Polarography is a subclass of voltammetry where the working electrode is a dropping mercury electrode (DME) or a static mercury drop electrode (SMDE), which are useful for their wide cathodic ranges and renewable surfaces. It was invented by Jaroslav Heyrovský, for which he won the Nobel prize in 1959.
Theory of Operation
Polarography is a voltammetric measurement whose response is determined by combined diffusion/convection mass transport. Simple principle of polarography is the study of solutions or of electrode processes by means of electrolysis with two electrodes, one polarizable and one unpolarizable, the former formed by mercury regularly dropping from a capillary tube. Polarography is a specific type of measurement that falls into the general category of linear-sweep voltammetry where the electrode potential is altered in a linear fashion from the initial potential to the final potential. As a linear sweep method controlled by convection/diffusion mass transport, the current vs. potential response of a polarographic experiment has the typical sigmoidal shape. What makes polarography different from other linear sweep voltammetry measurements is that polarography makes use of the dropping mercury electrode (DME) or the static mercury drop electrode.
A plot of the current vs. potential in a polarography experiment shows the current oscillations corresponding to the drops of Hg falling from the capillary. If one connected the maximum current of each drop, a sigmoidal shape would result. The limiting current (the plateau on the sigmoid), called the diffusion current because diffusion is the principal contribution to the flux of electroactive material at this point of the Hg drop life.
There are various limitations in particular for the classical polarography experiment for quantitative analytical measurements. Because the current is continuously measured during the growth of the Hg drop, there is a substantial contribution from capacitive current. As the Hg flows from the capillary end, there is initially a large increase in the surface area. As a consequence, the initial current is dominated by capacitive effects as charging of the rapidly increasing interface occurs. Toward the end of the drop life, there is little change in the surface area which diminishes the contribution of capacitance changes to the total current. At the same time, any redox process which occurs will result in faradaic current that decays approximately as the square root of time (due to the increasing dimensions of the Nernst diffusion layer). The exponential decay of the capacitive current is much more rapid than the decay of the faradaic current; hence, the faradaic current is proportionally larger at the end of the drop life. Unfortunately, this process is complicated by the continuously changing potential that is applied to the working electrode (the Hg drop) throughout the experiment. Because the potential is changing during the drop lifetime (assuming typical experimental parameters of a 2mV/sec scan rate and a 4 sec drop time, the potential can change by 8 mV from the beginning to the end of the drop), the charging of the interface (capacitive current) has a continuous contribution to the total current, even at the end of the drop when the surface area is not rapidly changing. As such, the typical signal to noise of a polarographic experiment allows detection limits of only approximately 10−5 or 10−6 M.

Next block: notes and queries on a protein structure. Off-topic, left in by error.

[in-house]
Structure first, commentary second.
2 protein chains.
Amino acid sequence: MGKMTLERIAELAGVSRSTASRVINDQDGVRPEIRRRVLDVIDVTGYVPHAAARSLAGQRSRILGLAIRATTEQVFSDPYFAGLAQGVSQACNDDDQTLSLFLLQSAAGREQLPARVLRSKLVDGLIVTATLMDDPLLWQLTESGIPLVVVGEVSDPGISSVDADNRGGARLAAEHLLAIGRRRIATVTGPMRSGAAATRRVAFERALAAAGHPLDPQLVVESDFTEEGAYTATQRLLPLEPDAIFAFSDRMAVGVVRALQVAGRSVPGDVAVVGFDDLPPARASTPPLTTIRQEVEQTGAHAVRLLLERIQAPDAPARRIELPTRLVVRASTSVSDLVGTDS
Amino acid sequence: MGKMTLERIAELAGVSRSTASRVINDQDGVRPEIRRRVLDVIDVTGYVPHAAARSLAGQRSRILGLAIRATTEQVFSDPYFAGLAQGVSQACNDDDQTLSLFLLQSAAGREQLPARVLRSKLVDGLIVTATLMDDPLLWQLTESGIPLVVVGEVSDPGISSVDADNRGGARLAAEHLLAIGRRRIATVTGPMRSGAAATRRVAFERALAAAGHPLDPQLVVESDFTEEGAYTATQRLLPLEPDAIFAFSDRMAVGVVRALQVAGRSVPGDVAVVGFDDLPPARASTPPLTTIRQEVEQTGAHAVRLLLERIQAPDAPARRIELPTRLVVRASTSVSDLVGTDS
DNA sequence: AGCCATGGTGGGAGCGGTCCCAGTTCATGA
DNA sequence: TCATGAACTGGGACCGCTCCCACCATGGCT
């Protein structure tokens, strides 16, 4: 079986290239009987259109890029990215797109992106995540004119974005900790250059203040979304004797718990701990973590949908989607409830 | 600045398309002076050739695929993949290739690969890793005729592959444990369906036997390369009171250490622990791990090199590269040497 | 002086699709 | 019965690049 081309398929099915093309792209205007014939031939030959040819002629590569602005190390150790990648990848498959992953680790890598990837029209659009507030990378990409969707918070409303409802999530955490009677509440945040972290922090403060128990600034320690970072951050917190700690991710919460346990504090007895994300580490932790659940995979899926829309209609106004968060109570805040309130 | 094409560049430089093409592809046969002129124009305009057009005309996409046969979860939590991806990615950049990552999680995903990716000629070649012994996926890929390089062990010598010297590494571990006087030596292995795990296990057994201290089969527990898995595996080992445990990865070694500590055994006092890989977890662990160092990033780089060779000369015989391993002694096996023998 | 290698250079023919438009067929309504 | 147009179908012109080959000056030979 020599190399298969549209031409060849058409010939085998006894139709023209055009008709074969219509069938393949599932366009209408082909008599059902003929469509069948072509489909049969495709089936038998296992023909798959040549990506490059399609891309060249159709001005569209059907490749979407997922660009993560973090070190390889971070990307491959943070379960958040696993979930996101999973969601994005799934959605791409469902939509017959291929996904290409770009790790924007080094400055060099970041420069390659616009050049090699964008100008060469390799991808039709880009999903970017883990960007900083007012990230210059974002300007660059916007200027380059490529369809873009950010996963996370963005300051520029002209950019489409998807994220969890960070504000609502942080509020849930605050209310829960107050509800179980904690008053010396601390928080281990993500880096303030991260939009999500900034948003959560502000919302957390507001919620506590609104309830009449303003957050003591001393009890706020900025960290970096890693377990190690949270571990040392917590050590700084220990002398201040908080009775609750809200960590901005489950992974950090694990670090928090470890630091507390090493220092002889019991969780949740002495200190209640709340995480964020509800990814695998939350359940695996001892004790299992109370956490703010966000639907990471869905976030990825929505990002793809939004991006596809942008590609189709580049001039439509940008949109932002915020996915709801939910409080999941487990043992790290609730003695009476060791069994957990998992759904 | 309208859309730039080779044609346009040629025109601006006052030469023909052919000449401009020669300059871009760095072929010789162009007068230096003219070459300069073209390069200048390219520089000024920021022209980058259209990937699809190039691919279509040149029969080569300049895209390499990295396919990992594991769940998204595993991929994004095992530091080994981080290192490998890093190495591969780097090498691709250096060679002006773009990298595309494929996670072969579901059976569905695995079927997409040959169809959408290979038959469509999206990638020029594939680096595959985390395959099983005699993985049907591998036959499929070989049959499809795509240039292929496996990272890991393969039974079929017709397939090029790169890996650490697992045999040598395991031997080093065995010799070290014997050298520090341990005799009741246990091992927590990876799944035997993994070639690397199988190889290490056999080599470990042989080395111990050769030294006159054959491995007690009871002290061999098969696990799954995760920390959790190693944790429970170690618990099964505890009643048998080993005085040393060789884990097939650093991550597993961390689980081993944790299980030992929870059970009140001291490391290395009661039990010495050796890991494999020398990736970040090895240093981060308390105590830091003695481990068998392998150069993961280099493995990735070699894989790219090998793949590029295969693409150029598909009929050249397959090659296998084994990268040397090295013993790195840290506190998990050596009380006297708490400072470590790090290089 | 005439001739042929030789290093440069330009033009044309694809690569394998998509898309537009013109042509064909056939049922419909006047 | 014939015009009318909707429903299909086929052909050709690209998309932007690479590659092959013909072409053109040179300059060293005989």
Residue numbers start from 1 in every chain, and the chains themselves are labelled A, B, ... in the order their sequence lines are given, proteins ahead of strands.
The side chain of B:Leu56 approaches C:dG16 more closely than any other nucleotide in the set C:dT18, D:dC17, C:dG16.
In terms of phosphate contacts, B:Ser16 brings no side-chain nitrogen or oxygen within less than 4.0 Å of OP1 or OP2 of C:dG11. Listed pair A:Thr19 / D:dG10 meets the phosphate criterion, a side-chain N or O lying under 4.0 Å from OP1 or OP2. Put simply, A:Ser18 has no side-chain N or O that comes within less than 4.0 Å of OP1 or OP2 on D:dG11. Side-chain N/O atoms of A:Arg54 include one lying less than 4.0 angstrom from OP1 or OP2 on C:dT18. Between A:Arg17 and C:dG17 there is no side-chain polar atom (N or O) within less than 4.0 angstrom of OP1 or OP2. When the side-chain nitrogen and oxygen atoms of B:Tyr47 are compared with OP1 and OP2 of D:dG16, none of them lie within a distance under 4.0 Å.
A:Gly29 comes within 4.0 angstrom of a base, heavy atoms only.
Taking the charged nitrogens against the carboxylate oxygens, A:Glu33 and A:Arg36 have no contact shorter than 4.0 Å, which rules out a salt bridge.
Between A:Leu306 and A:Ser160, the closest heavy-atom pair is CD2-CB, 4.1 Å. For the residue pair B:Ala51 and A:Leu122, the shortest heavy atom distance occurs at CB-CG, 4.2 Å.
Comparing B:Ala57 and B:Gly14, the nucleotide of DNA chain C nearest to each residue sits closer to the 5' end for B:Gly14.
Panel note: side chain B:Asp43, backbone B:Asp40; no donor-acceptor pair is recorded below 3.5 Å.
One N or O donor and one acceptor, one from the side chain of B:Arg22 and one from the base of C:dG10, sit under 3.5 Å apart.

Dramatically better discrimination against the capacitive current can be obtained using the tast and pulse polarographic techniques. These have been developed with introduction of analog and digital electronic potentiostats. A first major improvement is obtained, if the current is only measured at the end of each drop lifetime (tast polarography). An even greater enhancement has been the introduction of differential pulse polarography. Here, the current is measured before the beginning and before the end of short potential pulses. The latter are superimposed to the linear potential-time-function of the voltammetric scan. Typical amplitudes of these pulses range between 10 and 50 mV, whereas pulse duration is 20 to 50 ms. The difference between both current values is that taken as the analytical signal. This technique results in a 100 to 1000-fold improvement of the detection limit, because the capacitive component is effectively suppressed.
Qualitative information can also be determined from the half-wave potential of the polarogram (the current vs. potential plot in a polarographic experiment). The value of the half-wave potential is related to the standard potential for the redox reaction being studied.
This technique and especially the DPASV one can be used for environmental analysis, and especially for marine study for characterisation of Organic matter and metals interactions.
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